|Publication number||US5916704 A|
|Application number||US 08/948,513|
|Publication date||29 Jun 1999|
|Filing date||10 Oct 1997|
|Priority date||10 Oct 1997|
|Also published as||WO1999019919A1|
|Publication number||08948513, 948513, US 5916704 A, US 5916704A, US-A-5916704, US5916704 A, US5916704A|
|Inventors||Stanley Lewin, Mark Cholach|
|Original Assignee||Ultralife Batteries|
|Export Citation||BiBTeX, EndNote, RefMan|
|Patent Citations (4), Referenced by (50), Classifications (7), Legal Events (11)|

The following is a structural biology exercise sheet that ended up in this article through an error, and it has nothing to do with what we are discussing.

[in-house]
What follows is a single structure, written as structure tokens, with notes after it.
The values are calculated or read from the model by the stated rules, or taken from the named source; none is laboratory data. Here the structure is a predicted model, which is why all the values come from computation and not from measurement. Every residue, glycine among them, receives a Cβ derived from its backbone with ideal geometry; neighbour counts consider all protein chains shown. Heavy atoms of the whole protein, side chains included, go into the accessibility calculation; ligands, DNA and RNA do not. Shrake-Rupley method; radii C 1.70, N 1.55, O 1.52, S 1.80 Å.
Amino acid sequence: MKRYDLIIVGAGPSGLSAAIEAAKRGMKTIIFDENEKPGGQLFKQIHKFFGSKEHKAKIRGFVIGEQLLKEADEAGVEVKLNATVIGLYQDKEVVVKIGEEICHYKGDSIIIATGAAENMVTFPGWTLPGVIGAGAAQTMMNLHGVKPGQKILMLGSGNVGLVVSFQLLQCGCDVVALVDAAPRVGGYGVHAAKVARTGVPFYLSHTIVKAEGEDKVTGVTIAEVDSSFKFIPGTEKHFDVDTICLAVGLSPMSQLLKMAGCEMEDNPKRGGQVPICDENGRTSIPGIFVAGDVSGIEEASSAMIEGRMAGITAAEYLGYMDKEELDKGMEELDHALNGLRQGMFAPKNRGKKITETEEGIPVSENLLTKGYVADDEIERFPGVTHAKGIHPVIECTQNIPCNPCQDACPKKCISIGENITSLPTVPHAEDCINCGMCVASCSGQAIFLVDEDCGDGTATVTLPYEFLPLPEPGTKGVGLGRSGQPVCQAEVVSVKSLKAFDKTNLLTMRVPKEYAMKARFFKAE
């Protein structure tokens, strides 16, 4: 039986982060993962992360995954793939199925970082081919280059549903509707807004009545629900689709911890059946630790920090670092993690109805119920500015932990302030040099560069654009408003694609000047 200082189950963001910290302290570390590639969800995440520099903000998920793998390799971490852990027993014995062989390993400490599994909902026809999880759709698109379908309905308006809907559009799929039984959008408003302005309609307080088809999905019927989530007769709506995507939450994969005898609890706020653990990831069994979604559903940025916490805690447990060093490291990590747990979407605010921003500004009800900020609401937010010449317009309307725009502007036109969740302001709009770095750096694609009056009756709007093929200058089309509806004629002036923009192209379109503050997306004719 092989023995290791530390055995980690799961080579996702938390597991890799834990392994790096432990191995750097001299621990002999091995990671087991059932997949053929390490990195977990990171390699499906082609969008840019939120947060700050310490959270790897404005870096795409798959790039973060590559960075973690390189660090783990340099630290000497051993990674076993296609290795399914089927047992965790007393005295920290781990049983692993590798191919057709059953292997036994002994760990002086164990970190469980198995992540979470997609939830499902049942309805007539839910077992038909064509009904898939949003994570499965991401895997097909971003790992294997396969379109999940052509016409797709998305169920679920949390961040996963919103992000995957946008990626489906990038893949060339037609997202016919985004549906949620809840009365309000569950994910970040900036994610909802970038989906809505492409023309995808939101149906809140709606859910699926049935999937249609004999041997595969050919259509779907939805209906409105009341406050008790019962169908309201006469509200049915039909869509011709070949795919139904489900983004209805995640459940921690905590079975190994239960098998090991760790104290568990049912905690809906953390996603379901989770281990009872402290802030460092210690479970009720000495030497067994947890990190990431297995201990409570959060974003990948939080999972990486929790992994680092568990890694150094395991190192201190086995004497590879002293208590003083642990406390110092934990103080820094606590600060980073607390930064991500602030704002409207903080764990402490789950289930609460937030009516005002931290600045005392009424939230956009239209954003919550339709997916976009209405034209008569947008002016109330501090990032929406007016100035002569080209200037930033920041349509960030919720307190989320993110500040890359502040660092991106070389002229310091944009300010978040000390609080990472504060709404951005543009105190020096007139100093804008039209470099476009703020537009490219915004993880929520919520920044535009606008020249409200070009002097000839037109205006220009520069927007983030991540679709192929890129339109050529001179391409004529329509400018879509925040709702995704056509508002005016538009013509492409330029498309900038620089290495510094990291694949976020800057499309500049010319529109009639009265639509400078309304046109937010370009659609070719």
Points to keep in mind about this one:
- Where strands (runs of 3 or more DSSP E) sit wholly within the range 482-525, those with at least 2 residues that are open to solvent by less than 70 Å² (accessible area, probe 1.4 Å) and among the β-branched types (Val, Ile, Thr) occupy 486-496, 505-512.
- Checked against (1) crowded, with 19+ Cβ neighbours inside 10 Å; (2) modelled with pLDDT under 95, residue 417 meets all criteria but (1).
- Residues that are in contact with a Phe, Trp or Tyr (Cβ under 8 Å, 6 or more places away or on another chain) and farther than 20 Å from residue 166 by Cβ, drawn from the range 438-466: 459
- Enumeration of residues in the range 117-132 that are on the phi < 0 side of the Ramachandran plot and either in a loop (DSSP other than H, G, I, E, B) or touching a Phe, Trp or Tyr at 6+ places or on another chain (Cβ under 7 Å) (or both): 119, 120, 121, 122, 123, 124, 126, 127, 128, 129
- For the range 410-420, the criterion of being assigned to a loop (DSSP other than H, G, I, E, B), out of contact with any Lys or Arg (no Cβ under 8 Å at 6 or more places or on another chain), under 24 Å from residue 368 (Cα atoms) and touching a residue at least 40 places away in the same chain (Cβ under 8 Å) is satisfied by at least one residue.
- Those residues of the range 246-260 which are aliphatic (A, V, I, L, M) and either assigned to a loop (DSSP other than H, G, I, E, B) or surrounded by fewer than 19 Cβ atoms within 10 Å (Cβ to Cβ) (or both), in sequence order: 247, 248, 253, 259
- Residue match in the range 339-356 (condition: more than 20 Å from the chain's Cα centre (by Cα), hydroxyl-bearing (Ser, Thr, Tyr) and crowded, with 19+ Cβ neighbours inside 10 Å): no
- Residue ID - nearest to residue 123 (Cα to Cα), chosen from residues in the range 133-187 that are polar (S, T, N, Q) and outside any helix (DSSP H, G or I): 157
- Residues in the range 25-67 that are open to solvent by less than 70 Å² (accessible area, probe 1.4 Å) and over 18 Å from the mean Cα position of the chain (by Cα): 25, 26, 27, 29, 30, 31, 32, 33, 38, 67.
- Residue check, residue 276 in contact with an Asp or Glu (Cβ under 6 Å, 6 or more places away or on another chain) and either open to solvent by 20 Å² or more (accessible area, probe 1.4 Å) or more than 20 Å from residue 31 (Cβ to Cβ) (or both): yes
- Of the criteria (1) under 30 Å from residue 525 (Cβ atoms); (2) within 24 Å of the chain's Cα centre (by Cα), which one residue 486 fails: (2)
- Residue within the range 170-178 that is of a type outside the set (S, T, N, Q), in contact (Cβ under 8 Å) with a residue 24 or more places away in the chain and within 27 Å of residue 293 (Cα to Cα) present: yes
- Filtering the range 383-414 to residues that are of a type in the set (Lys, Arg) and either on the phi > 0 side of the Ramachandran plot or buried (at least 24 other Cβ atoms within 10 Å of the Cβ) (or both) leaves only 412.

|External Links: USPTO, USPTO Assignment, Espacenet|
This invention relates to low pressure venting of batteries contained within flexible containers and particularly to lithium ion polymer batteries contained in flexible foil packages and subject to small internal gassing resulting from cell impurities.
Vents for batteries have generally been included in batteries having containers of substantially structural integrity. Thus, alkaline cells and cells having pressurized components have generally been constructed in metallic cylindrical containers which are capable of withstanding excessive high build-ups and which containers embodied substantial mechanical vents if such internal pressure become sufficiently high to break the intgrity of the seals or walls of the container.